Just wondering what is the best method for cuting a acustic pickguard blank. I have a older yamaha guitar and the pickguard has warpped with age. I have a new pattern drawn and order the blank but not sure of the best method of cutting.
Would be greatful for any advice.
Take care, b
If you are cutting material like Stew Mac sells, you can use scissors, and cut it cold.
If you are cutting Greven material it needs to be warmed because it easily cracks. I cut it in the sink with hot water.
If the Yamaha pickguard doesn't look like a potato chip, it can be flattened. Just place it in some boiling hot water, remove and quickly clamp between two flat surfaces.
Or you can also clamp the warped guard between a couple flat board, then submerge that for a few minutes in some boiling water. Remove, let it cool, then remove clamps.
thanks for the reply jim, it is from stew mac and I did think I may be able to use scissors but was not sure. Thanks for the tips on correcting original guards, I want to make a custom guard using a flame pattern on this one. It is a old red label yamaha with a very nice bright sound.
Depends on the thickness.Assuming you've not got a self-adhesive Yamaha replacement (I've found you cannot cut or sand these-the edges won't stick) but have an oversized blank, then scissors are OK for thin ones,bandsaw for the thicker
stuff.I've sanded the edges,but I'd like to know how to properly bevel them.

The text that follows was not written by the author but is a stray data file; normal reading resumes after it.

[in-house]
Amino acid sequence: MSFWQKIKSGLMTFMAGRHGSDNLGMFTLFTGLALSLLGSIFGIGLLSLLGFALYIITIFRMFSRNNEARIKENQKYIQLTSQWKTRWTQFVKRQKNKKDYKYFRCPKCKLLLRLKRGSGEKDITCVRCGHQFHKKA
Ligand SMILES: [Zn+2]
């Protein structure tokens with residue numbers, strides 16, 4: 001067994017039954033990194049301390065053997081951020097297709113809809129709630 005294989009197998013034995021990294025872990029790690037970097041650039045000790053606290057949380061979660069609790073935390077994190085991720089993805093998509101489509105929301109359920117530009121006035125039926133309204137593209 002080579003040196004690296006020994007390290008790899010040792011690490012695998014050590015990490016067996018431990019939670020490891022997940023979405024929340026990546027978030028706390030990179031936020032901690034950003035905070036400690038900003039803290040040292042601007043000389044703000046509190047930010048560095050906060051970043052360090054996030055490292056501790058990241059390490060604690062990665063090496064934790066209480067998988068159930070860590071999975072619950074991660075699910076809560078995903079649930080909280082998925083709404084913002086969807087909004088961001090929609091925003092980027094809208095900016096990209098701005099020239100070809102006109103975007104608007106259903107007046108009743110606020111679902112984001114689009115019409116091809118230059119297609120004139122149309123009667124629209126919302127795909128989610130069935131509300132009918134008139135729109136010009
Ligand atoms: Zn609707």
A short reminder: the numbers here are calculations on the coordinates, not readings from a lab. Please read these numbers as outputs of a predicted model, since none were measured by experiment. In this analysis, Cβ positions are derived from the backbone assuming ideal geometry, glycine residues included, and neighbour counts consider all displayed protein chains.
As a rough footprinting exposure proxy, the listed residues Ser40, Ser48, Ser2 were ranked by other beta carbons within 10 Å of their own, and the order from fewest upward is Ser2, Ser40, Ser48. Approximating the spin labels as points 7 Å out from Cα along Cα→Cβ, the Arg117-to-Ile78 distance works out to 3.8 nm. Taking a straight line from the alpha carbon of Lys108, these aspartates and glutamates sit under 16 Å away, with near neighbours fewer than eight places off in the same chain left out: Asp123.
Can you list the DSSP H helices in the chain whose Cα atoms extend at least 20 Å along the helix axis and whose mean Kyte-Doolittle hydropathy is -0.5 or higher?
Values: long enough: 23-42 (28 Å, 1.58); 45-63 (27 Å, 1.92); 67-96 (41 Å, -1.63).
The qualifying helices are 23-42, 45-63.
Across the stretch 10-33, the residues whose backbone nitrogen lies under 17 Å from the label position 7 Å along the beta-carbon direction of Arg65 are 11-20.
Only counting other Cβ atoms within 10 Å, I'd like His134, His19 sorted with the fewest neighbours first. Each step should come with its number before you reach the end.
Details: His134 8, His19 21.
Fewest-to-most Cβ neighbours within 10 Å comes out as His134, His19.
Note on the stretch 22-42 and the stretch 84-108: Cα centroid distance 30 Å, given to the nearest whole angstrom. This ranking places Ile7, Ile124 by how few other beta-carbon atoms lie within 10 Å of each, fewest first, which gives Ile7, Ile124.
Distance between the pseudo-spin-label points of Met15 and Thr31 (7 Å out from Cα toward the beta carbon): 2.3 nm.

Double-sided sellotape has been recommended to me and it worked out fine.
Question -if you remove a pickguard and want a different shaped one-apart from leaving the guitar out of it's case and on a stand for weeks/months-what can you do about the white bits?
Take it easy,
Sure, a dremel tool would probably work, but why go to all the bother, when it's simple to do like I described with a single edge razor blade. Nothing to mask off
Plus you have to worry about heat buildup with a router bit. No thanks, routing is not the way to do this.
I built a pickguard for a Gibson mandolin once that required that I remove about 1/8 inch of the thickness from the plastic to match the original. I used a router to do it but had to run at a very low speed and feed at a VERY low rate. Heat buildup is a real problem. Even at low RPM and slow feed rates, the plastic melts very easily. I was never able to get a good flat surface and spend a lot of time scraping everything flat after I finished removing the extra plastic.
I haven't tried using a router to make a bevel on a pickguard but I think I 'd just do it by hand.
BTW, Dental Labs use a small alcohol torch to burnish wax setups for castings. Basically, it's a plastic bottle with a wick in the cap and a small tube to one side of that. The tube is positioned to blow across the flame when the bottle is squeezed. With some practice it can come in handy to help burnish plastic edges too, as long as your are sure it's not nitro. It takes a bit of practice and I wouldn't try to use it on flat surfaces but you can get a mirror finish with on thin edges with a bit of care.